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Second Circuit Victory for Richard Prince and Appropriation Art

Today the Second Circuit Court of Appeals issued a long-awaited decision in favor of fair use in Cariou v. Prince. Reversing the district court’s finding of infringement, the Court held that Richard Prince’s use of Patrick Cariou’s photographs in 25 of his 30 Canal Series paintings was a fair use. The decision affirms an important tradition in modern art that relies on the appropriation of existing images to create highly expressive works with new meaning. Read more » about Second Circuit Victory for Richard Prince and Appropriation Art

CISPA 2.0 Likely Stalled in Senate

According to a US News report, a spokesperson for the U.S. Senate Committee on Commerce, Science and Transportation suggests that the Senate will not take up CISPA 2.0 and instead will work towards breaking it up into separate bills.  The article also quotes Committee chairman Senator Jay Rockefeller (D-WV) confirming what many of us have been saying: that CISPA 2.0's privacy protections "were insufficient." Read more » about CISPA 2.0 Likely Stalled in Senate

CISPA 2.0 Clears The House: Outcome Hazy

As expected, CISPA 2.0 passed the House of Representatives yesterday and the various privacy protections sought through amendments were dropped.  Although much has and will continue to be written about the merits (or lack thereof) of the bill -- especially its infamous "notwithstanding any other provision of law" clause -- I think this also provides opportunity to comment more generally upon the nature of modern American lawmaking pertaining to cybersecurity. Read more » about CISPA 2.0 Clears The House: Outcome Hazy

Pain Rays and Robot Swarms: The Radical New War Games the DOD Plays

Cross-posted from The Atlantic.

In the year 2025, a rogue state--long suspected of developing biological weapons--now seems intent on using them against U.S. allies and interests. Anticipating such an event, we have developed a secret "counter-virus" that could infect and destroy their stockpile of bioweapons. Should we use it? Read more » about Pain Rays and Robot Swarms: The Radical New War Games the DOD Plays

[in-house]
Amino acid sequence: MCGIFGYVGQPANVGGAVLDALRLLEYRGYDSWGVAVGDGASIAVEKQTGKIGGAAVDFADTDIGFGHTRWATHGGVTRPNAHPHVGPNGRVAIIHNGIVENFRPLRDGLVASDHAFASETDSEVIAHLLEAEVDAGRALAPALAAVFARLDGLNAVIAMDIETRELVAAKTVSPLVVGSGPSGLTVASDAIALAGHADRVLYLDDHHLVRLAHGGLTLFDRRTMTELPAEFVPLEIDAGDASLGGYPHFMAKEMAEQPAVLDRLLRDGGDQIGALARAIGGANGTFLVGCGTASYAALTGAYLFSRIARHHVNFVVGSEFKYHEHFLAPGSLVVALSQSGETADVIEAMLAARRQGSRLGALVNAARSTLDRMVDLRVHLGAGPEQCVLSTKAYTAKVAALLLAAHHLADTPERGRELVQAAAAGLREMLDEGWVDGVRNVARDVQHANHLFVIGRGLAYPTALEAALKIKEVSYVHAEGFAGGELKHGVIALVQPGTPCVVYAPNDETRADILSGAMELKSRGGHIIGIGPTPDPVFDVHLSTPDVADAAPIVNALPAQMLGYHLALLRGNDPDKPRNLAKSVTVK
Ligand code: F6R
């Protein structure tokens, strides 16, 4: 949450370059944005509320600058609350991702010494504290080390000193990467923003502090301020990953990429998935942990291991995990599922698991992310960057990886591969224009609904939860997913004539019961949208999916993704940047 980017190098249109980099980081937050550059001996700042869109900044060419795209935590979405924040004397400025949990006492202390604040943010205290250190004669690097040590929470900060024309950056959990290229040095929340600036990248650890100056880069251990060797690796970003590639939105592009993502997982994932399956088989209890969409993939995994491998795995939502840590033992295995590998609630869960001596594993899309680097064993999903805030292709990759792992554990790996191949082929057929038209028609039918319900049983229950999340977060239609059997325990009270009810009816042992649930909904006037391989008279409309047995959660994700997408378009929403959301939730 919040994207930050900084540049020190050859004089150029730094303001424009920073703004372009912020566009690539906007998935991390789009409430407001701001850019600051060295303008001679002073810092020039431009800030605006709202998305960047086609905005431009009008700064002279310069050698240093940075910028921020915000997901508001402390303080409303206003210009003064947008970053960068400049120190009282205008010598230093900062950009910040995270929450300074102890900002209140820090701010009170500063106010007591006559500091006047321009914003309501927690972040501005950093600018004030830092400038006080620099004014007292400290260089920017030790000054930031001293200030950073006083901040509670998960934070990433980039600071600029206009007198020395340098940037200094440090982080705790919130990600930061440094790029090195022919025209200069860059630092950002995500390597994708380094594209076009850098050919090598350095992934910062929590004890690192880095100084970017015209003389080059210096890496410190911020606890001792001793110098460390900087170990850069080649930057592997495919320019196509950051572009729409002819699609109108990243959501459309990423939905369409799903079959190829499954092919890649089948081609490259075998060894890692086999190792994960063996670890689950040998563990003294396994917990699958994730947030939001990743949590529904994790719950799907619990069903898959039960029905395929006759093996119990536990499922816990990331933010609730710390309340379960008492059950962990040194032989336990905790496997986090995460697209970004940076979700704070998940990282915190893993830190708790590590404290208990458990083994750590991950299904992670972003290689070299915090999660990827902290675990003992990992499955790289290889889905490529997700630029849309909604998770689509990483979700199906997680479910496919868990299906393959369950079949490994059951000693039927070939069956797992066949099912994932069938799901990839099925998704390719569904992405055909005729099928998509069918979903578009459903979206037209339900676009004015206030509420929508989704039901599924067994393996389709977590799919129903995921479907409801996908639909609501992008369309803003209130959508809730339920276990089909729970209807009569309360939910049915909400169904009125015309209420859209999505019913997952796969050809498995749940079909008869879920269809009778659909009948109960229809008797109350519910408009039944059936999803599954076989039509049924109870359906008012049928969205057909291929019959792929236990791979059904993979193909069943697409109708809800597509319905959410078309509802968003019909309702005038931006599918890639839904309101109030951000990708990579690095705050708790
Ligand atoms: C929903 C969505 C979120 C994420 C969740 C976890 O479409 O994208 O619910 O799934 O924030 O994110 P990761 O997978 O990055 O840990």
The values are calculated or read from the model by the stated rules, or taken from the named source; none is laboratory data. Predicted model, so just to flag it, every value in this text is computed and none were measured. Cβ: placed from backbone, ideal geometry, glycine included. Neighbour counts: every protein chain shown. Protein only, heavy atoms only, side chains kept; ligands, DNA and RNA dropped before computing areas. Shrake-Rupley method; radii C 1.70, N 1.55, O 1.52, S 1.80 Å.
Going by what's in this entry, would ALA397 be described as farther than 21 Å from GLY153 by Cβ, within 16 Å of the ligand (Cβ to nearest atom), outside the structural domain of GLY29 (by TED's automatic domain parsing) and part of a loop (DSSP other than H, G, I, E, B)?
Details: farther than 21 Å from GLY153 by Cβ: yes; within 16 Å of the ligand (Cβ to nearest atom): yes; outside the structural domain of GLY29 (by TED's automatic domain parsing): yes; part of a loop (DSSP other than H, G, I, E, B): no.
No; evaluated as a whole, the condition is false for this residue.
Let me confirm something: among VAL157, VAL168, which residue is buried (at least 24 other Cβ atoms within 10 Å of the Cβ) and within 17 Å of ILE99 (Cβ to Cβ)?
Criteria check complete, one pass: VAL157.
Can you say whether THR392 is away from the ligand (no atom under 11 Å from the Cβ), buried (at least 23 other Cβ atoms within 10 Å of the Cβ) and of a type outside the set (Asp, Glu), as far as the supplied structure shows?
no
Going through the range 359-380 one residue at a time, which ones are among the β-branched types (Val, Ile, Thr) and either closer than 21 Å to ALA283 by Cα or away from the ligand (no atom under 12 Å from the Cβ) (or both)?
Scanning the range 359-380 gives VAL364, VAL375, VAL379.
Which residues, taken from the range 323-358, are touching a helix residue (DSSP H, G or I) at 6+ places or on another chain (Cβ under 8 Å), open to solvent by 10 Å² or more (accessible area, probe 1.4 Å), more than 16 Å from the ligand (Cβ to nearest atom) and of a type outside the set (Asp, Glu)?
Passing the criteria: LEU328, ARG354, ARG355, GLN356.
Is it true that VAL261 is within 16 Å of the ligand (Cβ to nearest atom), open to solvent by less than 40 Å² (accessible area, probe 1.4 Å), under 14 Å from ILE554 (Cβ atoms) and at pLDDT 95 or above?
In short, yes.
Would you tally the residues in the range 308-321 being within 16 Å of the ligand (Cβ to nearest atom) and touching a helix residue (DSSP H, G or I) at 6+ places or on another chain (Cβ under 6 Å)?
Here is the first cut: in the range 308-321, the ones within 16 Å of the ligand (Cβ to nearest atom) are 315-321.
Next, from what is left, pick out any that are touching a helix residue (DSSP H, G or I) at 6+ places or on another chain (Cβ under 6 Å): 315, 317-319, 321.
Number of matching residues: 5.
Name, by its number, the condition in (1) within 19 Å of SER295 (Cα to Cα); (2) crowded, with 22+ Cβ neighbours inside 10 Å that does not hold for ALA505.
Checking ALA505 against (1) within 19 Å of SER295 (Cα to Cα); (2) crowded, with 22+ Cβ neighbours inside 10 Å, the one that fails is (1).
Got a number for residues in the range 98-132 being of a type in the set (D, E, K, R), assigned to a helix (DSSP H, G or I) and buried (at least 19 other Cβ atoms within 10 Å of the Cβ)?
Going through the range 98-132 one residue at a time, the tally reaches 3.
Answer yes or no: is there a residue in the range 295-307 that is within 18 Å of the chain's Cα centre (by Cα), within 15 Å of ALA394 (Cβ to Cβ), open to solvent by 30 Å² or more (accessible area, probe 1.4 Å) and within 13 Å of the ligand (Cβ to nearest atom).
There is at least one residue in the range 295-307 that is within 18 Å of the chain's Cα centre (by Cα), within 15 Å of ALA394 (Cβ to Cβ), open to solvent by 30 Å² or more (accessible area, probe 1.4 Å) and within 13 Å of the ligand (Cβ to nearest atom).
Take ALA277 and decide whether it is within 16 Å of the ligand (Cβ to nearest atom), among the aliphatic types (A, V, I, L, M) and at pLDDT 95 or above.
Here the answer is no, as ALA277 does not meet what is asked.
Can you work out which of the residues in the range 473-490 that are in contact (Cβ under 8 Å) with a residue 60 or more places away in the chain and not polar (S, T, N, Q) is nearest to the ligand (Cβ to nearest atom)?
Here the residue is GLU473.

"Brain Spyware"

As if we don’t have enough to worry about, now there’s spyware for your brain. Or, there could be. Researchers at Oxford, Geneva, and Berkeley have created a proof of concept for using commercially available brain-computer interfaces to discover private facts about today's gamers. Read more » about "Brain Spyware"

Transparency, but what are we seeing?

Cross-posted from http://katewestmoreland.wordpress.com/

Now that Microsoft has come to the party and is publishing a regular transparency report, there is a meaningful amount of publicly-available data about government requests for online records.  Looking at the data from Google, Twitter, Dropbox and Microsoft side-by-side raises some interesting questions. Read more » about Transparency, but what are we seeing?

Letter to Goodlatte Criticizes CFAA Anti-Reform Language

I am a signatory to a letter to Rep. Robert Goodlatte and other legislators critiquing draft legislation reportedly slated for consideration this month that would amend the Computer Fraud and Abuse Act (CFAA) by increasing penalties and expanding the scope of conduct punishable under the statute. The letter points out that the draft under discussion is a significant expansion of the CFAA at a time when
public opinion is demanding the law be narrowed. This language would, among other things: Read more » about Letter to Goodlatte Criticizes CFAA Anti-Reform Language

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